The unit will let you know when you need to change the pre-filter. They are inexpensive and easily purchased online.

The second filter is the HEPA filter, which will not need changing often. (My first HEPA filter unit I’ve had running for many years and have never changed this filter. The indicator light has yet to come on.)

Other (unnecessary) features

Some units have an additional ultraviolet (UV) light intended to sterilize the air, removing airborne germs. However, this is probably not effective as the air is quickly moved through the unit with minimal exposure to the UV light.

(Yes, hospitals use UV lights, but they leave them on for hours in a closed space with little airflow.)

Other units have ionizers that are also intended to clean the air. The effectiveness of this approach is questionable. In addition, ozone is created as a byproduct which is not good for you to breathe.

There are even ozone generators that are sold as air cleaners. According to the Environmental Protection Agency (EPA) units that generate ozone below public health standards are not effective at removing indoor air contaminants, including odor, particles of dust or pollen, plus biological contaminants like bacteria, mold, or viruses.

This is not a feature that you want running in a bedroom where you or your pets are sleeping.

The best approach is the primary function of pulling air across a HEPA filter.

White noise

The fan in a HEPA filter makes some noise. You will either find this annoying or consider it pleasant white noise. If you are in the former camp you can always run your HEPA filter during the day only. Some of the advanced models even have timers.

My bedroom HEPA filter automatically ramps up when it detects an increase in airborne particles. It has a clever LED light that turns from green to orange to red, based on the pollution levels in your room. (See picture above.)

One (unsubstantiated) hypothesis is that by avoiding making your bed you are not shaking allergens into the air.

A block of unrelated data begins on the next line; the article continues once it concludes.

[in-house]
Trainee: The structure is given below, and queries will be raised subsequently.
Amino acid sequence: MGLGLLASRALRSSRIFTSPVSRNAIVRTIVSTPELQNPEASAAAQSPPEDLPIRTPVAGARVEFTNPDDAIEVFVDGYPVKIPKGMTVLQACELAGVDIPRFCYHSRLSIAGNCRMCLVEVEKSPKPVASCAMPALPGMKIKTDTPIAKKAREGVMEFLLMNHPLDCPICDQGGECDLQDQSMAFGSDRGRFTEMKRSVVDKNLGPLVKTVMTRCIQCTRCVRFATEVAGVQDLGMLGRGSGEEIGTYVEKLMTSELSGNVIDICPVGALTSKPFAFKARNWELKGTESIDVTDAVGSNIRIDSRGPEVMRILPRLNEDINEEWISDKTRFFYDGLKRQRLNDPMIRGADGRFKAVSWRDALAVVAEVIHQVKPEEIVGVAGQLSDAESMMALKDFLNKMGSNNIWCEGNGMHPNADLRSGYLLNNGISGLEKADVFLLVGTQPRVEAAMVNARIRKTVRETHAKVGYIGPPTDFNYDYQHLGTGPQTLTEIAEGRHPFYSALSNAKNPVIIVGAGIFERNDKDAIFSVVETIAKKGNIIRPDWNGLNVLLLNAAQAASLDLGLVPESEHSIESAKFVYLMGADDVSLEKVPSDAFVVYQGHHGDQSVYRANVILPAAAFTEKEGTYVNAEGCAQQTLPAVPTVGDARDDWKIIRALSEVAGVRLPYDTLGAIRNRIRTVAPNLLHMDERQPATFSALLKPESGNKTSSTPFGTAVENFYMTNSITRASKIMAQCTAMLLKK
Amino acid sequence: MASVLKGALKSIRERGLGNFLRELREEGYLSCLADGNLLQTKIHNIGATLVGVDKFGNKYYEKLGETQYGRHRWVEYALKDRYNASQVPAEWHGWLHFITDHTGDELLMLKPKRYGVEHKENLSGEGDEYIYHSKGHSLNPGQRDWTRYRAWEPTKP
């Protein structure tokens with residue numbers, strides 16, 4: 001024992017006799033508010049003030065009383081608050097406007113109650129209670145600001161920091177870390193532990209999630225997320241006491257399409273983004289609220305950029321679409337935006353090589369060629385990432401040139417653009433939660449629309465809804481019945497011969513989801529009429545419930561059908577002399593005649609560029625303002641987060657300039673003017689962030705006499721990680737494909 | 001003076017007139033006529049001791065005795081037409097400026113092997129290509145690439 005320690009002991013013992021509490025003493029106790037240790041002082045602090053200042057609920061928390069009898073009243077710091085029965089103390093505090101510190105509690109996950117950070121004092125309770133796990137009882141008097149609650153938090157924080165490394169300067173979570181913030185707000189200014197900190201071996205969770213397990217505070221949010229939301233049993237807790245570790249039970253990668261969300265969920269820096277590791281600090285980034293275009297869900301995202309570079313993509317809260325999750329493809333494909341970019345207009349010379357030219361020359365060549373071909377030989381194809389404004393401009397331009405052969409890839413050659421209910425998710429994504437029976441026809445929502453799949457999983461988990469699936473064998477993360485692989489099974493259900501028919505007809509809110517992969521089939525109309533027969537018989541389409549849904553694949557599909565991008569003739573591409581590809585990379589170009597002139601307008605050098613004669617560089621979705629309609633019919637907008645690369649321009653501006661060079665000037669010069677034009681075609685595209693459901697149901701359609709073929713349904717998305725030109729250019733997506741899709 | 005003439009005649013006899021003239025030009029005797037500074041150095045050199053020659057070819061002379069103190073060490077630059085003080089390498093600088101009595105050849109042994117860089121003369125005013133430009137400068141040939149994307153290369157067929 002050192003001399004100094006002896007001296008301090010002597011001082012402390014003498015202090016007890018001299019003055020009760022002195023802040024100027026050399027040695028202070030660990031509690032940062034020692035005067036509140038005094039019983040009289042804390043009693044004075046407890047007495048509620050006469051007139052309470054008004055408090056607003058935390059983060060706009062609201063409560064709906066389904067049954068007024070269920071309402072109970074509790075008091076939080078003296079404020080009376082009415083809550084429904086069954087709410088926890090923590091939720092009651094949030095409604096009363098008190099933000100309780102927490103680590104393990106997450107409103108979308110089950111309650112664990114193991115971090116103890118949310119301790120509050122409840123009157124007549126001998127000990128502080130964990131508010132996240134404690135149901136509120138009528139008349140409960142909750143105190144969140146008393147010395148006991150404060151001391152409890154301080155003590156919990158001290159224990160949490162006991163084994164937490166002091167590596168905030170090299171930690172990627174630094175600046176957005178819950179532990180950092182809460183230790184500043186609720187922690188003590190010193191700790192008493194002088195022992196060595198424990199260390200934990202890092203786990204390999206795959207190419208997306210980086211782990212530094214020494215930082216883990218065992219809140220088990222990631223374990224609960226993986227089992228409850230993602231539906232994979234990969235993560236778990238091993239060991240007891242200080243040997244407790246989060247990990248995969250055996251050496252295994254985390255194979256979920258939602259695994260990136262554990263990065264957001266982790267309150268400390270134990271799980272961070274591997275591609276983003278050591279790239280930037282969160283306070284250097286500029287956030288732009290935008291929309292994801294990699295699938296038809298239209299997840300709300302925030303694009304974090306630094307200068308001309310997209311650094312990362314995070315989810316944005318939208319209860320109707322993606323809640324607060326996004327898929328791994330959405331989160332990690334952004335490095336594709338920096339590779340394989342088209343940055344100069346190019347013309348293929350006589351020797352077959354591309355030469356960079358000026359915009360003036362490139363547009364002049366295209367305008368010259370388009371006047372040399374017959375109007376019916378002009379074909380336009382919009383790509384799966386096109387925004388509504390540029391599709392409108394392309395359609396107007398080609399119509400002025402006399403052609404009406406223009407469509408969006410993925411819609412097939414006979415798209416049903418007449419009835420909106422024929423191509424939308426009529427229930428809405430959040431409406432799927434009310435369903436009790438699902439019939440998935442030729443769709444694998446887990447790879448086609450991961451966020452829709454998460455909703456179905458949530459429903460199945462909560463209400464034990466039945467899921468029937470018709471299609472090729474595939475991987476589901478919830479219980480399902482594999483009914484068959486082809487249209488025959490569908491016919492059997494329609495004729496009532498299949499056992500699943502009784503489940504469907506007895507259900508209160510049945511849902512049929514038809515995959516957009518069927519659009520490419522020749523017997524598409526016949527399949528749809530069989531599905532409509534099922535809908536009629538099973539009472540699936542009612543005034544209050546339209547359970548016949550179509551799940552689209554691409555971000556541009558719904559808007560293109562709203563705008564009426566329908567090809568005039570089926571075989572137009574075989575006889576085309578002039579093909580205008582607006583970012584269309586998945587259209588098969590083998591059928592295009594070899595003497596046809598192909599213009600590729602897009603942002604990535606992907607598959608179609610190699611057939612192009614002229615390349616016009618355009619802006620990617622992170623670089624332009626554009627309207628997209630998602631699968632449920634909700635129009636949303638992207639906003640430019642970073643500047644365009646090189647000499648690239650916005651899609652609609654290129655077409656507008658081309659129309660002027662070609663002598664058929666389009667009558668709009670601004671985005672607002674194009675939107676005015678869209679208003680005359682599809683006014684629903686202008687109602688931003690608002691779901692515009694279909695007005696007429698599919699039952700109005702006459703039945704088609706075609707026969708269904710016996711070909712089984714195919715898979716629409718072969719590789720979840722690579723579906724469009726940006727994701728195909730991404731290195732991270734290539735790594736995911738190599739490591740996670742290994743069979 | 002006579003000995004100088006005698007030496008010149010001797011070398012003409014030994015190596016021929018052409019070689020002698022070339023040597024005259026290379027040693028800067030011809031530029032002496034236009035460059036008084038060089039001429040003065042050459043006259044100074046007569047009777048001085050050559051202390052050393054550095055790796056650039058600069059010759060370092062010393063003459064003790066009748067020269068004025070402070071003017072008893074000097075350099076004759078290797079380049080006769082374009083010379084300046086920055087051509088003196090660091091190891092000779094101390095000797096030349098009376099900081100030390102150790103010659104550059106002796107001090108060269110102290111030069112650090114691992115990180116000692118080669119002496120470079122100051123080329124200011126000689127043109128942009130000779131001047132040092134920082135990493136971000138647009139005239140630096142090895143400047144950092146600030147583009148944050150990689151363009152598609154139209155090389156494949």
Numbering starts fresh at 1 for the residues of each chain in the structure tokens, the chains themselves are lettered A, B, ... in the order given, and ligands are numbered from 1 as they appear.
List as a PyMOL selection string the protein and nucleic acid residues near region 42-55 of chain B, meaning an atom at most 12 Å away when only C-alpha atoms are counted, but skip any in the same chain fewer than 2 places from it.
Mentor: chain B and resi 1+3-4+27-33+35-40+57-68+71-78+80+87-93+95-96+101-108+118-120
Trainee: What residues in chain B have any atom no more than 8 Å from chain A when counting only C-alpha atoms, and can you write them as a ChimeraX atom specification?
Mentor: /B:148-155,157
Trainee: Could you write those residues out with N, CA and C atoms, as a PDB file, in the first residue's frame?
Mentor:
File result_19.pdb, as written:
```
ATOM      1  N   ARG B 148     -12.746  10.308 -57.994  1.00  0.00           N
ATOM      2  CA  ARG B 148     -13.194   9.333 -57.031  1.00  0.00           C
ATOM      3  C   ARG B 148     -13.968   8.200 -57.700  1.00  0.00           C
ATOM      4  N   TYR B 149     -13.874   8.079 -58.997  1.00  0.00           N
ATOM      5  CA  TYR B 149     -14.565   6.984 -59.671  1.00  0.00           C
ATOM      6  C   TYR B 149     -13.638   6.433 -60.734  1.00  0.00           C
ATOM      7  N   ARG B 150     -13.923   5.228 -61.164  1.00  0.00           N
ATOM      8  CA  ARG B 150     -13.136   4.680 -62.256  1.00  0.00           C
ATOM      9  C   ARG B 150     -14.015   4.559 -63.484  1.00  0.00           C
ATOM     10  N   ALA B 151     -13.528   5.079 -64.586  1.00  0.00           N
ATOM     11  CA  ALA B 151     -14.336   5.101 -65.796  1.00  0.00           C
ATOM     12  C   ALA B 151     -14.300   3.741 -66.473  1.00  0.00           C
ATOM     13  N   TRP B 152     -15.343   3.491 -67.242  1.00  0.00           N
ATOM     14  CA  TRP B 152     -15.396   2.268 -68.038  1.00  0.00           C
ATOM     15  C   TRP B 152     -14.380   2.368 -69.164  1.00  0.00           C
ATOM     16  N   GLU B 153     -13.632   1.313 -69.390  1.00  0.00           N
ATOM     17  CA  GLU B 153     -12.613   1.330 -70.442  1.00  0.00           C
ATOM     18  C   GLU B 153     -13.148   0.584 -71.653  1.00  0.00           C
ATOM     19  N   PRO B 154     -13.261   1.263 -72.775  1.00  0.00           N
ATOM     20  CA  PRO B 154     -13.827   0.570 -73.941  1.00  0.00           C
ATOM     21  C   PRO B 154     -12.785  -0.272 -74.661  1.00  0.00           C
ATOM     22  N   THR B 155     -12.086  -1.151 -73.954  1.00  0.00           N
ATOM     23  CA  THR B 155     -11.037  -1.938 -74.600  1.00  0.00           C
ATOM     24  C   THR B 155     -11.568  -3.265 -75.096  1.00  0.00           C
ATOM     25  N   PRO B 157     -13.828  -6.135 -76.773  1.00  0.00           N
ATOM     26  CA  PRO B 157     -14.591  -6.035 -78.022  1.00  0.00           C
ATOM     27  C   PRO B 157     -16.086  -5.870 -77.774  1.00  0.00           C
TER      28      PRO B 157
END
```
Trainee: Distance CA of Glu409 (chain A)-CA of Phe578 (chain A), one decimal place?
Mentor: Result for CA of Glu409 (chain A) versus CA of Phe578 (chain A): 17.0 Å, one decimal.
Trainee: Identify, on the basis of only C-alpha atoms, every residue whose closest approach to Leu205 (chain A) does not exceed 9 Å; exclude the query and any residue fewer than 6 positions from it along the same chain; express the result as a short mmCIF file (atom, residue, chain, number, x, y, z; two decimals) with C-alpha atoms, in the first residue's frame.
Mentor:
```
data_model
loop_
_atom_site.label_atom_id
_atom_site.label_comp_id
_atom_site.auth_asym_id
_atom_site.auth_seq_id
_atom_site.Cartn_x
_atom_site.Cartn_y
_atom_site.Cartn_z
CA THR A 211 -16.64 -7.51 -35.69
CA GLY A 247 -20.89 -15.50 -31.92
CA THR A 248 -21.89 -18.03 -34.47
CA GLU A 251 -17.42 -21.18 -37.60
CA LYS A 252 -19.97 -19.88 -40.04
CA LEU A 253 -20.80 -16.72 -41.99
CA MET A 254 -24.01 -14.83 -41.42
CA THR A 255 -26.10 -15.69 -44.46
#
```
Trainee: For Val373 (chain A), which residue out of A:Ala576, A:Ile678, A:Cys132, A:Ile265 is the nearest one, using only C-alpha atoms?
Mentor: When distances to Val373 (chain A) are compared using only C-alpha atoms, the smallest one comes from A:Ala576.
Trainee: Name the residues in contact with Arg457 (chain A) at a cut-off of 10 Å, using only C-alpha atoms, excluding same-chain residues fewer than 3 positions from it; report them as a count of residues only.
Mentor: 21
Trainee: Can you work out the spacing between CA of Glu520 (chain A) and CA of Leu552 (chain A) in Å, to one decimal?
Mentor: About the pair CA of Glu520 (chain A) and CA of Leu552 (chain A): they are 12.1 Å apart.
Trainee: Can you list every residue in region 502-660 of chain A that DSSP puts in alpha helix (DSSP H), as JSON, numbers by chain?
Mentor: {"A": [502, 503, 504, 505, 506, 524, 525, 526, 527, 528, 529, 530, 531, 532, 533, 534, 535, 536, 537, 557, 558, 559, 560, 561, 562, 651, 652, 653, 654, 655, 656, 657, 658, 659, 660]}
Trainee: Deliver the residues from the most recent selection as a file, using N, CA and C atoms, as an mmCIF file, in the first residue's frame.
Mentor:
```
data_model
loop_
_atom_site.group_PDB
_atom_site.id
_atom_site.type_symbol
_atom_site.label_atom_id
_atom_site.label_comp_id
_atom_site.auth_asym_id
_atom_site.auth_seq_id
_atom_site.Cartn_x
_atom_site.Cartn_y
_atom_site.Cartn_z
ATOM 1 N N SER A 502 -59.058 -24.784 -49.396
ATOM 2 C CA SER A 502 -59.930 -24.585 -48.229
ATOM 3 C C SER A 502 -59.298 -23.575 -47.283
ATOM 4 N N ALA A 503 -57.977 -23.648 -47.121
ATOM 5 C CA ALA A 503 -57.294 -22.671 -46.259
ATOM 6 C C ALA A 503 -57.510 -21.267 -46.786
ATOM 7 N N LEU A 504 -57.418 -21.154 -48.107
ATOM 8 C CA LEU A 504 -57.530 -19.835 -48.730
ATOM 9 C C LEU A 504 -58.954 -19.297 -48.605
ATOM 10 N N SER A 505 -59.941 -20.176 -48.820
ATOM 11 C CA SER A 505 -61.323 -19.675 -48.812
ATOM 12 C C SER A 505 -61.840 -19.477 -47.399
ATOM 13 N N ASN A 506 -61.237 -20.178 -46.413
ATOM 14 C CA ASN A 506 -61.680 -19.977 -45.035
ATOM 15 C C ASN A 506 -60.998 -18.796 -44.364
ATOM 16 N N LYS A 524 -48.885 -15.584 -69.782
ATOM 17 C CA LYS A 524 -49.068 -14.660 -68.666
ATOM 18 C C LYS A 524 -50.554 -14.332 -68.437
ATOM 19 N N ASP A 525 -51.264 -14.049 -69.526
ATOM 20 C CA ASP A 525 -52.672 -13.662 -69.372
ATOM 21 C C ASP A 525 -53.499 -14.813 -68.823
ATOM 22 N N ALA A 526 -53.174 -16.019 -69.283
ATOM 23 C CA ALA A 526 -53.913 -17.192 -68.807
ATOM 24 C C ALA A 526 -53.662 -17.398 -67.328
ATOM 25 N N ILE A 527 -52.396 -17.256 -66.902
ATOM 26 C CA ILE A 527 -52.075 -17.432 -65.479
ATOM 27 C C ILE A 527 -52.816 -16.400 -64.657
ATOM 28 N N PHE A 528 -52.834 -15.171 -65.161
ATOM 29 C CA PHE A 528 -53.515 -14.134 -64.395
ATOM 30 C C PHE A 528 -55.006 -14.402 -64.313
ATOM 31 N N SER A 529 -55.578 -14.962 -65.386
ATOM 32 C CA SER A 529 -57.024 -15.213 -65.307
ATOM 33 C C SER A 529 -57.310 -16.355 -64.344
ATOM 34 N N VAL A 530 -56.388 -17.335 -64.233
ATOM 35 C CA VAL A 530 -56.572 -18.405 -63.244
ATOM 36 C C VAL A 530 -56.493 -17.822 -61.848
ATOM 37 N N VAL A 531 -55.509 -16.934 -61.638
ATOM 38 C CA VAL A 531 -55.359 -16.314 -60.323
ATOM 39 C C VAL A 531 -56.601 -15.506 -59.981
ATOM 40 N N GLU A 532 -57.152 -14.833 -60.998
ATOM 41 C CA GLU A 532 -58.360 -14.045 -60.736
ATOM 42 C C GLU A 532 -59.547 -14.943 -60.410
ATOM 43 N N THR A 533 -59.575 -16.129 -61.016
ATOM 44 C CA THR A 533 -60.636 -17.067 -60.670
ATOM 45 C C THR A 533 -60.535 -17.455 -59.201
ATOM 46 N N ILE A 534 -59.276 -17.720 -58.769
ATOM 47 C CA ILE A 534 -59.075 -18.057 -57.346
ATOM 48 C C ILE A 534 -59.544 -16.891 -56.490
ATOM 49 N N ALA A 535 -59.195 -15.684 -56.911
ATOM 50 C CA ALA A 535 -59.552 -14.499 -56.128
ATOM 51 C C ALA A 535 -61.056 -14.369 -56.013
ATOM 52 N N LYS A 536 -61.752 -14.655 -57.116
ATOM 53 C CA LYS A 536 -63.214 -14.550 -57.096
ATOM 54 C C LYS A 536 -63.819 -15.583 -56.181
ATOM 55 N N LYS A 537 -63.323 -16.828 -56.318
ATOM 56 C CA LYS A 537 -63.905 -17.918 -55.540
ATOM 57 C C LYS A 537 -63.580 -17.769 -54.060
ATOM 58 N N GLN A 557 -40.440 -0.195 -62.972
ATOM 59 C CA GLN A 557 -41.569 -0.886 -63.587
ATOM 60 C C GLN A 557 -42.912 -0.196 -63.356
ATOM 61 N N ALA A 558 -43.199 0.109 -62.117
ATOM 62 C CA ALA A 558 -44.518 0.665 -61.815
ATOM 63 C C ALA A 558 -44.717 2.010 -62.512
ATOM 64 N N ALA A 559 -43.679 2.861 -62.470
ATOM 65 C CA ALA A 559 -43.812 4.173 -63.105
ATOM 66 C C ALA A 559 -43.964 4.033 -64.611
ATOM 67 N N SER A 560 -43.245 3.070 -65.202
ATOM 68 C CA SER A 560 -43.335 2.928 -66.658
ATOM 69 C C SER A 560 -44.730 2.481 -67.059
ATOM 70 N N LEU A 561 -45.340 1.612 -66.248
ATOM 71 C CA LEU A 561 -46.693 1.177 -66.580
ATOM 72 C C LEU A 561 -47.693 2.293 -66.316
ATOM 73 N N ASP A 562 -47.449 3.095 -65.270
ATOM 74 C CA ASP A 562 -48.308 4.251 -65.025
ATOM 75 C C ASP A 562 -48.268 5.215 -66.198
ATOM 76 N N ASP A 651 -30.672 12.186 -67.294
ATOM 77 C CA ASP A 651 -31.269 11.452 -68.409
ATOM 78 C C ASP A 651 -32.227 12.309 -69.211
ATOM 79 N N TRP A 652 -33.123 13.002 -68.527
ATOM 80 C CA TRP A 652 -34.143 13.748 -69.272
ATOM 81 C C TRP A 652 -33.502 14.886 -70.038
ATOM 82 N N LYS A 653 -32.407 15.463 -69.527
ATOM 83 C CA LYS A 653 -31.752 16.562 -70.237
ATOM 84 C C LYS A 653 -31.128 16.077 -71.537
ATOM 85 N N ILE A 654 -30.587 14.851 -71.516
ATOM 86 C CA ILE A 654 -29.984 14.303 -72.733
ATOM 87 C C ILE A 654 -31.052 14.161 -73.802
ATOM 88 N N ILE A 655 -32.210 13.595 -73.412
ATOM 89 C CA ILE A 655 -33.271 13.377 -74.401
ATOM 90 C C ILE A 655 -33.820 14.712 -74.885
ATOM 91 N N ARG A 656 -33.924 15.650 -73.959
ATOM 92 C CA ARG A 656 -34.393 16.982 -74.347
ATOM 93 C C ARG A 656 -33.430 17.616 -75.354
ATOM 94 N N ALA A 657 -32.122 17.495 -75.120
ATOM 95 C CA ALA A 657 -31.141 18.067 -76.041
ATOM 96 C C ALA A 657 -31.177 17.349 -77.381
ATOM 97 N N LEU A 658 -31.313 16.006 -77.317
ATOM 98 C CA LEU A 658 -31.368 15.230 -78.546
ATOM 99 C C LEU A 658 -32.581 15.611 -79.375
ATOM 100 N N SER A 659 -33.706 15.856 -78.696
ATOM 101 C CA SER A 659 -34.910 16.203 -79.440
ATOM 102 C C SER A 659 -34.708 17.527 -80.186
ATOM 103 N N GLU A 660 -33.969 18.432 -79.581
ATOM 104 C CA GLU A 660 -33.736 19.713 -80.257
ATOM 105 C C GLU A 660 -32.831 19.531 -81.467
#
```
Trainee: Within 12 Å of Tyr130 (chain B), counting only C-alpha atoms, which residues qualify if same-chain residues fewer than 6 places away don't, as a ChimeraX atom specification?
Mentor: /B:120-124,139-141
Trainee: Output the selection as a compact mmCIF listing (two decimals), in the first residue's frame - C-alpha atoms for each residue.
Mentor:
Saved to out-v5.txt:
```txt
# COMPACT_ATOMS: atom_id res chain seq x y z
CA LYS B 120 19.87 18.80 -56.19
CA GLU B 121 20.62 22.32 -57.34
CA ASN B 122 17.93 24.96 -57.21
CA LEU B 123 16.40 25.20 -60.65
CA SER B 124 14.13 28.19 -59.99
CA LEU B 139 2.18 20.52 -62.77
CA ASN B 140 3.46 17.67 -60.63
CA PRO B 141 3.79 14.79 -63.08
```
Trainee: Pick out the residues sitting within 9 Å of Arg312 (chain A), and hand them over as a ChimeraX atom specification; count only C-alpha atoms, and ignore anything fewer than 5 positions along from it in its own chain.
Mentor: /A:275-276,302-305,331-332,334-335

Anecdotally there may be something to this. My HEPA filter unit turns orange when I put freshly laundered sheets and blankets on my bed.

When does it turn red? When I’m stripping off my “used” bedding on laundry day.

Cough. Cough.

A new Filtrete filter (3M) ready to install. Photo by author.

Filters in your HVAC system

All air heating and cooling systems have a filter to pre-screen large dust particles and pet hair. You are required to change this filter every 3-6 months depending on how often you run your system.

You remember to change yours, right?

Instead of purchasing the generic bargain versions, you can upgrade to a filter designed to filter out allergens. 3M has the largest selection of “Filtrete” filter choices for this purpose.

It is recommended that you purchase a filter with a Minimum Efficiency Reporting Value (MERV) of 11 or 12 and leave your fan on to filter all the air in your house.

Note that these flat filters are not HEPA filters, which would create too much air resistance in a typical HVAC system. As all the air in your home can be recirculated multiple times per day, the MERV-rated filters are considered just fine.

Don’t forget to measure your filter prior to purchase.

5. Remove wall-to-wall carpet

Carpet is a big trap for everything. And no amount of vacuuming will remove everything.